About two-thirds of the way through the play Heracles finally shows up all full of himself and looking for a bath, a good home-cooked meal and a roll in the hay with his wife. Only he finds them all in tears and dressed in funeral attire. They tell him what has happened and Heracles being Heracles says, don’t worry, I’m back and I’ll kick Lycus’ ass, so
Cheer up, and stop these floods of tears. And you, wife, pull yourself together and stop trembling — and let go of my cloak, all of you! I have no wings; I’m not about to flee from my loved ones. Oh, they’re not letting go my cloak, but are clinging to it even harder. Was your situation so precarious?
Heracles, are you such an idiot? You arrive home to your family dressed for death! Precarious? If Heracles had been 15 or 20 minutes later he’d have arrived home just in time to see them all being killed! And so we now know where and when the stereotype of dumb musclemen began.
Heracles lays a trap for Lycus, by sending his father out to tell Lycus to go inside the house to get Megara and the children. When Lycus and his men go inside, Heracles kills them all. But while this is going on, Hera, who hates Heracles because Zeus cheated on her, sends the goddesses Iris and Madness with orders to make Heracles go crazy and kill his family. The orders are carried out and Heracles kills Megara and his children. Amphitryon escapes the carnage because he is still outside the house. Athena then throws that boulder at Heracles and he comes to his senses.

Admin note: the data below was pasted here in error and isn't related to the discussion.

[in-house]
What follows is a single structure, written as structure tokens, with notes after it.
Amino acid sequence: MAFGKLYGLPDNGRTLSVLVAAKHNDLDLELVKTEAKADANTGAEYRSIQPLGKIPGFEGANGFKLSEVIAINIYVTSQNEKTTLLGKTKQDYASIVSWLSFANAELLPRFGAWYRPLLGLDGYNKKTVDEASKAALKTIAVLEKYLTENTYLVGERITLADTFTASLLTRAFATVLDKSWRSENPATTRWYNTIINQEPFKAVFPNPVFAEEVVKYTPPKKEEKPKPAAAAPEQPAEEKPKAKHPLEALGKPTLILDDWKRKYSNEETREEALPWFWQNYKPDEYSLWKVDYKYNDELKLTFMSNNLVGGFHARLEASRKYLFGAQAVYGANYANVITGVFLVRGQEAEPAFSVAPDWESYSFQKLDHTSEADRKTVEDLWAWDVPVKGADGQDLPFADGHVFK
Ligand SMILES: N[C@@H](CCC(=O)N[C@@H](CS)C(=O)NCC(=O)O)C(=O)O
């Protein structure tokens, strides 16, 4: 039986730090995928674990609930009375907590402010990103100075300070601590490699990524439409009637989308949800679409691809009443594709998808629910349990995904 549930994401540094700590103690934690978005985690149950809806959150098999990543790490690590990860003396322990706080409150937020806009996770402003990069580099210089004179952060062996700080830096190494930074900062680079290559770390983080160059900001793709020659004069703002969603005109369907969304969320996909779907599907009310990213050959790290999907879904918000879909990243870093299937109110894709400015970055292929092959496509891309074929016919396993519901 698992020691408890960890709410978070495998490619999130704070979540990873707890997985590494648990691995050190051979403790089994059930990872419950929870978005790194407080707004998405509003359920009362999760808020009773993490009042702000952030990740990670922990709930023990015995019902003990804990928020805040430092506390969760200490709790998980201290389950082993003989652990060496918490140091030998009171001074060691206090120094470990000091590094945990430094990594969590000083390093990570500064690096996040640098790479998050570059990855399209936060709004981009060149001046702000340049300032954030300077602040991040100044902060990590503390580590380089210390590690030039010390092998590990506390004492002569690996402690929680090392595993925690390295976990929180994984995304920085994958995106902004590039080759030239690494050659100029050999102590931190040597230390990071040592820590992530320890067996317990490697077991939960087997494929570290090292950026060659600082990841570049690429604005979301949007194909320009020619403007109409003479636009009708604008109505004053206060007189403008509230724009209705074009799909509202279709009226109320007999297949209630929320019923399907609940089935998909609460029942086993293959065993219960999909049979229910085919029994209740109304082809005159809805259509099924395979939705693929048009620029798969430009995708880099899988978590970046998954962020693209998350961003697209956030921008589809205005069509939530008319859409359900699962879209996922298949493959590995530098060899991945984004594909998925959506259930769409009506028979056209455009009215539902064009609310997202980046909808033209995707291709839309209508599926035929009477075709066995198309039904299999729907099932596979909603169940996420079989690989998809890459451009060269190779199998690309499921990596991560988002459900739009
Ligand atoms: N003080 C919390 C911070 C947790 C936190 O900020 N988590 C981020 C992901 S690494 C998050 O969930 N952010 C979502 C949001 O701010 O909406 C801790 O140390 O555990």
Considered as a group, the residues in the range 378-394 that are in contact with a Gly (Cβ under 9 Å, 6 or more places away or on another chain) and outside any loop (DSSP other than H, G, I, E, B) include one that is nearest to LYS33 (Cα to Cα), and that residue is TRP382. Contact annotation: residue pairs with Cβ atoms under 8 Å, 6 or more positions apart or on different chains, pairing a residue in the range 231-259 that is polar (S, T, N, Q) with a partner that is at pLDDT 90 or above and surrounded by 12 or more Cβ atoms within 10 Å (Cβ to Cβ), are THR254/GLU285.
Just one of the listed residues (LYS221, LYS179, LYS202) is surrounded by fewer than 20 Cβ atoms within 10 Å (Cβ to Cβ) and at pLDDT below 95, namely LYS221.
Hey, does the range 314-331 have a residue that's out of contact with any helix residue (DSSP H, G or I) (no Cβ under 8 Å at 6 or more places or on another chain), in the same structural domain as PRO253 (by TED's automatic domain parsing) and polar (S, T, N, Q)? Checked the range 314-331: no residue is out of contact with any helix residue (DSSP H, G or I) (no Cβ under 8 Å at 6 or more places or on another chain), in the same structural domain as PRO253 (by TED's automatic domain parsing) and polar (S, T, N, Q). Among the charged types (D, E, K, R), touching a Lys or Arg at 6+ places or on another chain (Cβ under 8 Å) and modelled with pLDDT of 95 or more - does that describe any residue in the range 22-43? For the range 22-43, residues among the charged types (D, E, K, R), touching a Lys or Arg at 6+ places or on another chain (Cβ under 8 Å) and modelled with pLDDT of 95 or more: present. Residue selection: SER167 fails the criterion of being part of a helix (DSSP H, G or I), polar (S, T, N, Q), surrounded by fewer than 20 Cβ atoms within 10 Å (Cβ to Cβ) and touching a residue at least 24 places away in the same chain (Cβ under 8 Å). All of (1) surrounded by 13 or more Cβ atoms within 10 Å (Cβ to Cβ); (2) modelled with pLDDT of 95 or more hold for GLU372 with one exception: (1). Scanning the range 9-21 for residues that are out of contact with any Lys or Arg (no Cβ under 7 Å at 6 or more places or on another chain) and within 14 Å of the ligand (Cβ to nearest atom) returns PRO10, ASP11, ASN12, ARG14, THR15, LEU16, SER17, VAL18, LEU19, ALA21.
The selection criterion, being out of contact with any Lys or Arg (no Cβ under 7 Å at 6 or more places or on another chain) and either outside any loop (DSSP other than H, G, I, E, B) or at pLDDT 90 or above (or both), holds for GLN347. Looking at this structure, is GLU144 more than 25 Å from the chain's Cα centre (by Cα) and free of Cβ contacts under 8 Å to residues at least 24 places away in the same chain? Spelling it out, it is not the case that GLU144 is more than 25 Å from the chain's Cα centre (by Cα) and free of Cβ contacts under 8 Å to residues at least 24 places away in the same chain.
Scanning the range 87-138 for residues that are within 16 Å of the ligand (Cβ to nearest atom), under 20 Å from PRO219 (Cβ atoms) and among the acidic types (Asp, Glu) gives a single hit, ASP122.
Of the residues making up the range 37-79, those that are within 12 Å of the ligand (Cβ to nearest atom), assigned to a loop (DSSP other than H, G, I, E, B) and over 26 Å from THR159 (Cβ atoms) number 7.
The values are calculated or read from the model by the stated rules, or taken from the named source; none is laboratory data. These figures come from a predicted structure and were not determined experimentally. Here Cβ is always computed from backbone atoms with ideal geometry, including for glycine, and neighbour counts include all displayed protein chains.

Heracles goes outside all covered in blood and crying over what he has done. But that’s not the end of the play, no, because our hero must be absolved. Theseus appears looking for Heracles. Heracles rescued Theseus from Hades where he was imprisoned (but not dead) for something I don’t recall what, and the two became fast friends. Heracles is hiding his polluted self beneath a cloak so Theseus doesn’t have to look at him and risk becoming polluted too. But Theseus, sounding a bit like Heracles earlier tells him to buck up, it’s not as bad as all that, you’re the great Heracles, pull yourself together! He tells Heracles to come back with him to Athens, they will perform purification rights there and Theseus will give Heracles some land he has acquired, set him up, give him a chance to start over.
Then there is a touching moment of, gosh wow, you’d really do that for me? And sure, you bet! That’s what friends are for! And the play ends with a lovely little moral declaimed by Heracles:
Anyone who would rather have wealth or strength than good men as friends is a fool.
Chest bumps all around!
On a more serious note, Heracles was popular among both the Greeks and Romans because he was part man and part god. He had super powers but was human at the same time and was seen as a kind of bridge between man and the gods. The message of Heracles is that men must rely on themselves (and good friends!) and, as Amphitryon pointed out, moral goodness is a human trait and does not belong to the gods. It is really interesting how, from Aeschylus, through Sophocles and now Euripides, we can see how the Greeks and their relationship with the gods is changing. The gods still have power, but humans are starting to realize that the gods cannot be relied upon and begin taking matters into their own hands.
The next Euripides play to look forward to is Children of Heracles. I think these are different children than the ones Heracles killed in this play, which means thanks to Theseus Heracles managed to start a new life. What a relief!